CandyBallism started as a vague notion of discomfort with the way I play visuals.

As a professional VJ, too often I find myself just pressing play at the right time. This is great for commercial shows, where it’s all about the mix and the lights. But for my own shows I want a more immersive experience, both for me as the performer and for you as the audience.

At the very core, there’s three things I wanted to achieve:
1. I should be able to act directly to changes in the music. The visual should be able to become more hectic or more sedate as the music progresses, without causing a major visual break.
2. It should be fun for me. By introducing a game like hit-or-miss element, doing something at just the right time will achieve the desired result and give a feeling of reward.
3. It should be fun for the viewer. It shouldn’t be a jerk off session of ‘look what I did’. At the very least, it should be visually appealing for a viewer, without the need for them to know what’s going on.

I started developing these ideas in to separate bits of code. During this time, three close friends all found out they were about to become fathers. This ‘vibe’ of fertility and the cycle of life greatly influenced the work. Visually, it translated to the game ‘progressing’ as the player manages to create a third element out of two other elements (incidentally this also led to one of the first viewers calling me ‘perverted’).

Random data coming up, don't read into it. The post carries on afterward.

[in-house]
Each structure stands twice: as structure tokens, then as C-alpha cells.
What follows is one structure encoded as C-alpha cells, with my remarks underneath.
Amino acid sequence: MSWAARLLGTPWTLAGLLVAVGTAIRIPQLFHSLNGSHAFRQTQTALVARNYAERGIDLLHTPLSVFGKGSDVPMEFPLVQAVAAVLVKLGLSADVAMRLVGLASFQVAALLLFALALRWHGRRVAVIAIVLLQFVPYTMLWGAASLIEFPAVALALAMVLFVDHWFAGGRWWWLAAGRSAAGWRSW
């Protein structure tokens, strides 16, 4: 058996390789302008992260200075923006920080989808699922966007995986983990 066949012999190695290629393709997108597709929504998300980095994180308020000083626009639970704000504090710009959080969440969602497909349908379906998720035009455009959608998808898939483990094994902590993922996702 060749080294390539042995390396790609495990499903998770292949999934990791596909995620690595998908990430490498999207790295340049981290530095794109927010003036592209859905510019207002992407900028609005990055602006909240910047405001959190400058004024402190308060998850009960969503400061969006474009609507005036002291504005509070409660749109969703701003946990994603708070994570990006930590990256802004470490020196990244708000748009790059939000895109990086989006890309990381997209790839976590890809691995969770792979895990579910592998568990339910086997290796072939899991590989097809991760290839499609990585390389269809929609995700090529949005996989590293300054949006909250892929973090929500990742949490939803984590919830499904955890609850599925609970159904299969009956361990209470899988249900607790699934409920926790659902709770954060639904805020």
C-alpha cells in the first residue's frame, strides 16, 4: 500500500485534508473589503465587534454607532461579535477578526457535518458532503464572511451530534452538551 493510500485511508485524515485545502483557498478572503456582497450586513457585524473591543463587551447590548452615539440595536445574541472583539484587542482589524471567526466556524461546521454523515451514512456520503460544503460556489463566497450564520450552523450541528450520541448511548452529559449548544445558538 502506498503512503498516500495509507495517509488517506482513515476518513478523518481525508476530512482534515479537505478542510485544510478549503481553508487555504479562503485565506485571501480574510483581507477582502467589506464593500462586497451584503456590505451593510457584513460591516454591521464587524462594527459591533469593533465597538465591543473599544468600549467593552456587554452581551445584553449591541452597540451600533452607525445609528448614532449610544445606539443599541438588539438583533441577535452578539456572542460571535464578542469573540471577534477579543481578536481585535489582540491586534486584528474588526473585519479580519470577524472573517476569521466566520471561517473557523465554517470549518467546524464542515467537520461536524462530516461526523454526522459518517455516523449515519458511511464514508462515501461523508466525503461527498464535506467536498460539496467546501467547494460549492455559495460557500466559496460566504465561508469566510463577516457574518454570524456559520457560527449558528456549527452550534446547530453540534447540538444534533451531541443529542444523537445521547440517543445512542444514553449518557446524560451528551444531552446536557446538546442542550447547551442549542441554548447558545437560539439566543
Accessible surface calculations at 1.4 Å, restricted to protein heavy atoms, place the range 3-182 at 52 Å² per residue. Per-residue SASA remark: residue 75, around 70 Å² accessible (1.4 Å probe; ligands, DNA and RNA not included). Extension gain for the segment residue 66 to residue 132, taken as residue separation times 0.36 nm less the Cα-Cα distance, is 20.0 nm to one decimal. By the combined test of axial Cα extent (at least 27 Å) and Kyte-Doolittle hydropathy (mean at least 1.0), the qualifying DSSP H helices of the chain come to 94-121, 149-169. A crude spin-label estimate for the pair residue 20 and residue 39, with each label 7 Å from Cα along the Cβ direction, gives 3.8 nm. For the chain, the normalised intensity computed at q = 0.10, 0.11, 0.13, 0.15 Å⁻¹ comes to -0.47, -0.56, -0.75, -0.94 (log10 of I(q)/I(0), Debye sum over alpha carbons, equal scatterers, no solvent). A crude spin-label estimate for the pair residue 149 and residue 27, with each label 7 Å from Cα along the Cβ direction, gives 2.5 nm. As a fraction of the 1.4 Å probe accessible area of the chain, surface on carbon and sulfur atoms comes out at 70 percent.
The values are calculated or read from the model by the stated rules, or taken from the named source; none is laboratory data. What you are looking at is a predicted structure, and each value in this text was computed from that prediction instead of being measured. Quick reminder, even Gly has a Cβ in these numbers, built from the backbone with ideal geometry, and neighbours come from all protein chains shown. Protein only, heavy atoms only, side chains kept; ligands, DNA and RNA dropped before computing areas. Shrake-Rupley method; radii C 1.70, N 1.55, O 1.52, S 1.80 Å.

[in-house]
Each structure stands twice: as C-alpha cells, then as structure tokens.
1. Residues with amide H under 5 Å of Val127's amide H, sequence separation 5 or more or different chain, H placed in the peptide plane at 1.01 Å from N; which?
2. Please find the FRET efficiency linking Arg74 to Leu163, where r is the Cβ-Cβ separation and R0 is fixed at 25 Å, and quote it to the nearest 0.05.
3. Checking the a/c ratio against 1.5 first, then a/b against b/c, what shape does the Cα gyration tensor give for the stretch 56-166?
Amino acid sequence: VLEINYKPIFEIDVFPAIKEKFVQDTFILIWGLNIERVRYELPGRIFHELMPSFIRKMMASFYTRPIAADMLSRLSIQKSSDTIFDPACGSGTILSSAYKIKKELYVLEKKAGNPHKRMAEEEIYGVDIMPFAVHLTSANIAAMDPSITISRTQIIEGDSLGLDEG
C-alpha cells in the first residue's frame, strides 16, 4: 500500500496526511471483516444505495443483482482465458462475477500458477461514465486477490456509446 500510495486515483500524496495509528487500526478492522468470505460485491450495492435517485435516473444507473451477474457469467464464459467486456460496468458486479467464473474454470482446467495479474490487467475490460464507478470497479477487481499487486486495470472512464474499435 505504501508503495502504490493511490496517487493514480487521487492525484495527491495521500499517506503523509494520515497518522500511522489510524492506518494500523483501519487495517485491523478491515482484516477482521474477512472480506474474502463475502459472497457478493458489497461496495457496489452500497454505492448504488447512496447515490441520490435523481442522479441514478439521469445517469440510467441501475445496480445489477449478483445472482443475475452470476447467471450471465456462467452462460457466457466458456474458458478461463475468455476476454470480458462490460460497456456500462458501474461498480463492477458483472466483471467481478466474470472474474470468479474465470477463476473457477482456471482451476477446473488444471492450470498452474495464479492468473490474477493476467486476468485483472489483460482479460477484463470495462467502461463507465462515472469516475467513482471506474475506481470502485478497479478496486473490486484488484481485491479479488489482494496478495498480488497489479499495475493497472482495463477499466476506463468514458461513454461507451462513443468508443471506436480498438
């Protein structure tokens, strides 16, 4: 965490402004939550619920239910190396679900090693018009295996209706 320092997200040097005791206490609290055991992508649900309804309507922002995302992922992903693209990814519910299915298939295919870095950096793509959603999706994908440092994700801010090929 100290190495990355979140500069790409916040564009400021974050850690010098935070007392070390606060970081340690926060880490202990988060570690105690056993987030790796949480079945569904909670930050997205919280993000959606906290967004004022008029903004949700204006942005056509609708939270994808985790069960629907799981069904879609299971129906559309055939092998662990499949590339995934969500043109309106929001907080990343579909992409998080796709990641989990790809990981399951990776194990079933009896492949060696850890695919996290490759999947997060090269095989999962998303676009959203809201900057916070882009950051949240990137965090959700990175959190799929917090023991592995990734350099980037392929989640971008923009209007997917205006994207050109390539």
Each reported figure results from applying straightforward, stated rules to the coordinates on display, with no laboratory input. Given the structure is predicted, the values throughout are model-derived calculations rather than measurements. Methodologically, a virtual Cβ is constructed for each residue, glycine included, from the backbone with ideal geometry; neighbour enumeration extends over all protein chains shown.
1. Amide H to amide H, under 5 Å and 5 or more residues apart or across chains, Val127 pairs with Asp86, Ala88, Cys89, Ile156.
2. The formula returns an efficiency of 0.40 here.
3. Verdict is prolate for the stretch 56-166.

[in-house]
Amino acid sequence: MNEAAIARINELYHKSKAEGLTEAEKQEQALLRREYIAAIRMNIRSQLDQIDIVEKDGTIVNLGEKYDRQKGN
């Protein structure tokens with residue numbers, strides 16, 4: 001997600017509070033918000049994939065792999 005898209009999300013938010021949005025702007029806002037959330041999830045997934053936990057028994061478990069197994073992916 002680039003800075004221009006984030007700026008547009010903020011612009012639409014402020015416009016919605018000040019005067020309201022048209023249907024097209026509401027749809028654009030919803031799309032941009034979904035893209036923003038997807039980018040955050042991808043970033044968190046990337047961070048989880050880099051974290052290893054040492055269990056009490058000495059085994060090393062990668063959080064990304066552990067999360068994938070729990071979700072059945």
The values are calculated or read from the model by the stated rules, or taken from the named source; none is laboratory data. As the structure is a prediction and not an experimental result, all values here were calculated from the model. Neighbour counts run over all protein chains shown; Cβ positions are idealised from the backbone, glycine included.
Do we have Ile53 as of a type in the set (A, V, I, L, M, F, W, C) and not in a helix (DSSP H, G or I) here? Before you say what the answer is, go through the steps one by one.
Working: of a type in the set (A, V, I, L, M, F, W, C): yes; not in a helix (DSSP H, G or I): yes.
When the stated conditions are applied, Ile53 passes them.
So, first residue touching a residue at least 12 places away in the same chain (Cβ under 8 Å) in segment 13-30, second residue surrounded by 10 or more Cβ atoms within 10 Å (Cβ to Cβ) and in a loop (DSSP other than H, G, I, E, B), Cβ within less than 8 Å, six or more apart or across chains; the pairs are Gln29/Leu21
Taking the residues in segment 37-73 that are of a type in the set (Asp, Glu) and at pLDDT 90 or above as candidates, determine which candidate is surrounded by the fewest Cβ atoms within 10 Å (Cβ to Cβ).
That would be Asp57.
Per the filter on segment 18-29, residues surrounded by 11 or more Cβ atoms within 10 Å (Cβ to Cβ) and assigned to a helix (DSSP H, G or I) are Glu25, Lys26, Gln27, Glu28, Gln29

When the AntiLounge project came along, I got the opportunity to put it all together in an iPad application, both in order to play it live as well as have a new avenue of distribution besides youtube. The code started in Processing, for the project I ported it to openFrameworks. With the great ofxiPhone library, testing and creating the app was surprisingly straightforward.

(As a side note: this was my first attempt at creating an iOS app, and my first serious venture into OF. Somewhere on the App Store submission guidelines it reads: “If you’re trying to get your first practice App into the store to impress your friends, please brace yourself for rejection.” Well, brace this, Appleā€¦).

Looking back, there are of course points that could be improved.
– As a video it could use more progression. Even with the different ‘stages’, I don’t feel there’s enough there to keep a casual viewer entertained.
– As a game, it’s not as straightforward as I would like it to be. Even with the tutorial, a lot of people don’t ‘get it’.
– All the motion and interaction is programmed using vectors, logic gates and magic numbers. Using a physics library would greatly improve the look and feel, but it was beyond my skills at the time.

Although because of these points I feel a pang of disappointment every time I watch the video, or see someone play it, what would be the point of anything if it was perfect from the start, right?

Is your interest piqued? Please head over to the App Store to download the free app for your iOS device. Don’t have an iPhone? Download the Mac app instead.

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